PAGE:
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Frozen

From the Vault #9: FROZEN (2013)

From 2012 onwards, before developing this blog, I wrote a multitude of reviews on the website Letterboxd. In this irregular series called From the Vault, I’m going to haul these earlier reviews out of mothballs and re-purpose them here.

This one, timed as Frozen II arrives in cinemas, is from April 15th, 2016…

It’s hard to imagine a film, let alone just a Disney movie, which has had more of an impact on pop culture in recent years than Frozen.

A loose adaptation of Hans Christian Andersen’s The Snow Queen, Chris Buck & Jennifer Lee’s film went on to be a behemoth almost beyond reckoning; now sitting ninth in the top ten grossing films of all time, with Academy Awards at its feet and songs such as ‘Let It Go’ and ‘Do You Want to Build a Snowman?’ that have evolved beyond the movie into TV musical talent shows and pop singles etc… it’s without doubt the biggest and most beloved of Disney musicals since the early 90’s successes of Beauty & the Beast or The Little Mermaid, indeed it almost feels at times like a throwback to both that age of Disney musical and the 1960’s classics beforehand.

Frozen, in fairness, deserves to stand toe to toe with such legendary musicals, as beyond the fact the animation is second to none, the whole piece is an absolute delight of a picture; brilliantly written and well performed songs that stay in the memory, terrific performances from Kristen Bell in particular as the voice of Anna, and a genuinely fun, witty script which tells a classic story damn well.

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The Greatest Showman: Barnum’s biggest con job is on us

There are winds in the east, a storm coming in apparently for the newly released Mary Poppins Returns, if some of the box office reports are accurate.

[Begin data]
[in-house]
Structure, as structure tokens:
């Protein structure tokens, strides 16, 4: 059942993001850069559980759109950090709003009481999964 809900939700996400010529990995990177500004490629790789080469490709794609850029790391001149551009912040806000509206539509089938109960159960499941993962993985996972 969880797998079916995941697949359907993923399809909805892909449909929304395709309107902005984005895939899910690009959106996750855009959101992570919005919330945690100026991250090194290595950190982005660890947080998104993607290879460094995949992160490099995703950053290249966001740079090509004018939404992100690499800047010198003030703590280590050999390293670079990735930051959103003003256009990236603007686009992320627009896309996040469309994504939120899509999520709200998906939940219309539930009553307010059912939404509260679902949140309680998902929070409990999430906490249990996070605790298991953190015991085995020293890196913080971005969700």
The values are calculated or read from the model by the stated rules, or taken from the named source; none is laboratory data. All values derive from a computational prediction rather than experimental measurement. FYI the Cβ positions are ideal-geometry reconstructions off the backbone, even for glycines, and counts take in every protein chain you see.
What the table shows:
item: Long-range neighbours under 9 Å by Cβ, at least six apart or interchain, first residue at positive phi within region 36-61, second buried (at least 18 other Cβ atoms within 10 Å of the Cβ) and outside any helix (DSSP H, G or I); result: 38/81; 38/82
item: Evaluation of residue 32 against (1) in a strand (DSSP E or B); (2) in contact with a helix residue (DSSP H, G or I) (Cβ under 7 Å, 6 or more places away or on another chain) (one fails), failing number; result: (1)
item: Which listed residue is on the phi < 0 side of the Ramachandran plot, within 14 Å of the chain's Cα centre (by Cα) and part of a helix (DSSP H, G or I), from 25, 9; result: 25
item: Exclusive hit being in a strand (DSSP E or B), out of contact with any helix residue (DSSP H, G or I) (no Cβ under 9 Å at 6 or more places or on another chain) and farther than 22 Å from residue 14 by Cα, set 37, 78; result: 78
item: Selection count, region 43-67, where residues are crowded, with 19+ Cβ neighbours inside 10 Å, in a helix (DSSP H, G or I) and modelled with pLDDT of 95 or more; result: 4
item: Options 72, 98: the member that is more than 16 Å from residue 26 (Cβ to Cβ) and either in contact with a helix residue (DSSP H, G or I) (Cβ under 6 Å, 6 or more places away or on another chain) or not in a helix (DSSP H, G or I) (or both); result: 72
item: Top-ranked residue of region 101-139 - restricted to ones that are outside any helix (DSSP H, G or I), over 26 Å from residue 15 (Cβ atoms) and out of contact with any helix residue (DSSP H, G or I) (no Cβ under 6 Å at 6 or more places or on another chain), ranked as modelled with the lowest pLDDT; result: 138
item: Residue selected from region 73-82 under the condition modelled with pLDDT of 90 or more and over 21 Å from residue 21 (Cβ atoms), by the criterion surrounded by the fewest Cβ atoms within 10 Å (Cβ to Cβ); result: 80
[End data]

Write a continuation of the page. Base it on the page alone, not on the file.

Forbes are saying that Rob Marshall’s sequel is being seen off quite resoundingly by the surprisingly critically acclaimed Bumblebee, and the fairly divisive Aquaman. The absence of a Star Wars this Christmas for the first time in three years has meant studios have thrown a few major blockbuster candidates into the pot, but it would have been a sure fire bet that family friendly musical Mary Poppins Returns—featuring the half-century long return of one of Disney’s most iconic characters—would rule the roost. This does not seem to be the case so far.

Yet a year ago, another musical, trailing in the wake of The Last Jedi, took audiences increasingly by storm as 2018 kicked off: The Greatest Showman.

To date, Michael Gracey’s film has made $434 million dollars at the global box office, making it the fifth most commercially successful musical of all time. All. Time. In one year. It climbed considerably at the box office on the back of word of mouth, fighting off not just The Last Jedi but other competitors with franchises behind their backs – Pitch Perfect 3 (one of my worst films of 2017) and Jumanji: Welcome to the Jungle. There was over a 70% jump weekend on weekend as the film closed out 2017, which for an original musical, and a 19th century biopic no less, is quite remarkable.

The film collected accolades and nominations for its music, particular the song ‘This Is Me’. In the UK it became only the second album in 30 years to achieve 11 consecutive weeks at number 1. Fans over just the space of a year have started attending ‘sing along showings’ of the film. A sing along version can be watched now on streaming services alongside the traditional way to view it.

This has all been in the space of just 12 months. Can you think of any other film of this genre which has captured the public consciousness in quite the same way in recent years? Only Frozen eclipses it for reach and cultural crossover between children and adults, and that has the advantage of being Disney animation. The Greatest Showman is a live action biopic. How did this happen? And my biggest question, the one that has been rolling around in my head since I watched it a year on from when it was released… how have so many people been conned by it?